Also by this author: Aftermath, Aftermath, Private Justice, Shadow of Doubt, Word of Honor, Trial by Fire, Smoke Screen
Series: Newpointe 911 #5
Published by Zondervan on January 1, 2003
Genres: Fiction, Christian, Suspense
Buy on Amazon
At the request of her many fans—Terri Blackstock revisits the heroic cast of characters in this fifth book in her best-selling Newpointe 911 series In Line of Duty, a bomb explodes at the Icon International building in New Orleans while lawyer Jill Clark Nichols is in the top floor boardroom. The thirty-story building goes up in flames and fire departments from all around the area are called in. The firefighters from Newpointe are especially concerned since they know Jill is inside the building. Dan, her husband, rushes in to save her. But as firefighters work to evacuate the upper floors of the building, a second and third bomb explode, causing the lower floors to cave in. Firefighters and civilians are buried beneath the rubble. When the smoke finally clears, a count is taken. Jill narrowly escapes the chaos of the explosions and fire only to find Dan missing. Were the bombs the act of a terrorist, or a scheme coming from a heart of greed? Can Jill’s faith carry her through these long days of pain and uncertainty? And will Dan survive this tragedy . . . or sacrifice his life in the line of duty?
Terri Blackstock has been a banner name in Christian fiction for over twenty years. I’ve found some of her books riveting and some of her books lacking. Recently, I decided to go back to some of her older books that I’d never read and see how her stories and writing style had changed and progressed. I started with Newpointe 911, a five-book series published between 1998-2003, that focuses on a group of first responders, their families, and way more drama than you’d expect from a small town.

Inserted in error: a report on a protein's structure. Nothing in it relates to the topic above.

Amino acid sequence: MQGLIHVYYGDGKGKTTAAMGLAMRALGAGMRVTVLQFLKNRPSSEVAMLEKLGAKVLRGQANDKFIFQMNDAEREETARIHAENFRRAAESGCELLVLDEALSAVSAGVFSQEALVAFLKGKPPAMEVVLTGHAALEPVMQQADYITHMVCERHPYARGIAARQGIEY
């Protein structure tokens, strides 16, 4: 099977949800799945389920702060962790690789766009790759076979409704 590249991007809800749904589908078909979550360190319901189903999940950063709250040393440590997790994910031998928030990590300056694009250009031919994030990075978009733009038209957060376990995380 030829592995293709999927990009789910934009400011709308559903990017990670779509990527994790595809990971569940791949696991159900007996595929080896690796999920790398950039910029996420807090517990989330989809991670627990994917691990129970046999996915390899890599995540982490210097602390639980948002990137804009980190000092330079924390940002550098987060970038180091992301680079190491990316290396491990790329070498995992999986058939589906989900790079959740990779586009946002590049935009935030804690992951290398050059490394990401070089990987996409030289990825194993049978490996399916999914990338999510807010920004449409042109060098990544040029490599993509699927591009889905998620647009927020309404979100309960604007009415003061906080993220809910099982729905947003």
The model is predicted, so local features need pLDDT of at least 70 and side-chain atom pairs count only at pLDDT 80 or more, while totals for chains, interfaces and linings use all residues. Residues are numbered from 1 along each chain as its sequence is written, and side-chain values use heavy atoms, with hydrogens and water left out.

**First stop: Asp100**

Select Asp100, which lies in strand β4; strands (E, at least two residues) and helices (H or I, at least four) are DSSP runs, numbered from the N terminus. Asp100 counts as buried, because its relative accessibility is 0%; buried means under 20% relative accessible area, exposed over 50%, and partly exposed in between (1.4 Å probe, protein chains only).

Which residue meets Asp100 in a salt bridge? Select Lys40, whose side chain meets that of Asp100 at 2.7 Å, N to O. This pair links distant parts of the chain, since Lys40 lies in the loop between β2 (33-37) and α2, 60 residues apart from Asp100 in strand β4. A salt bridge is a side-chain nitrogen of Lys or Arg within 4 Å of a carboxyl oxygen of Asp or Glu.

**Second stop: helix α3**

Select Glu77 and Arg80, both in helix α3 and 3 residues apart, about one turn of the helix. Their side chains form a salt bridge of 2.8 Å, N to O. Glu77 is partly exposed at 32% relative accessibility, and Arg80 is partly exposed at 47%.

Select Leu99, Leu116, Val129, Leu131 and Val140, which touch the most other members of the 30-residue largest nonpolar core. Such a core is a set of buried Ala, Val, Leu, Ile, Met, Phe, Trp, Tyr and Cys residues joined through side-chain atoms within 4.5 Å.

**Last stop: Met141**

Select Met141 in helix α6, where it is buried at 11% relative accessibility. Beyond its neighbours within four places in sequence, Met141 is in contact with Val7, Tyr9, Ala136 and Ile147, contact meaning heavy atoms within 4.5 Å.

Line of Duty concludes the series and is the first to be written post-9/11. That’s important because Blackstock wrote the novel as a response to the terrorist attacks that changed American life forever. As the series had primarily focused on firefighters, the characters and the story were especially relevant and poignant. The story follows the collapse of a skyscraper in New Orleans and the fate of all the major players in the drama.
Jill, now married to firefighter Dan, is on the top floor boardroom deposing the company’s CEO when the fire alarm goes off. She starts to evacuate, but the first bomb goes off before she gets out. The Newpointe fire crew are called in to fight the fire, with Dan desperate to find his wife. The opening chapters are riveting. Blackstock captures the fear and the panic well, accurately depicting the darkness and claustrophobia of it all. Some make it. Some don’t. Some are unscathed. Others aren’t. And once it’s all over, how will the Newpointe crew put all the pieces back together and move forward? More than that, will they be able to catch the bomber?
This is the first book that scales out to give readers a view beyond Newpointe—a necessary thing as Newpointe doesn’t exactly have any 30-story towers. That makes the story feel less insular and more realistic as the characters become a part of the story rather than the totality of it. They don’t control all of the events and there’s nothing wildly unrealistic.
I had narrowed down the bomber to two suspects, precisely what Blackstock wanted, and was genuinely unsure which she’d pick as her bomber. Her choice is the right one, I think. She also throws in shades of Enron and economic corruption, with the corrupt CEO disappearing in the wake of the bombing and being one of the two potential suspects.
I was thankful that Blackstock did not go down the “Muslim terrorist” route, because it likely would have been unhelpful and only contributed to anti-Islamic sentiment. However, she does have a subplot where three Middle Eastern men have the police called on the, for “acting suspicious” and are detained. Blackstock appears to have been making the point that these men shouldn’t have been arrested simply for being Middle Eastern, but she keeps them detained for days despite them having no connection at all to the bombing. Their alibis check out. They were in college classes with witnesses when the bomb went off. And then Blackstock just…leaves them there. No discussion of what happens to them. I appreciate the plot point of “not all brown people are terrorists” but give me some closure!
This is by far the best entry in the Newpointe 911 series. Maybe because the stakes are higher. Maybe because I’m better connected with the characters. But mostly because Blackstock has developed as a writer, better integrated the faith content, and found her stride in pacing. It’s a good entry and fitting conclusion to the series.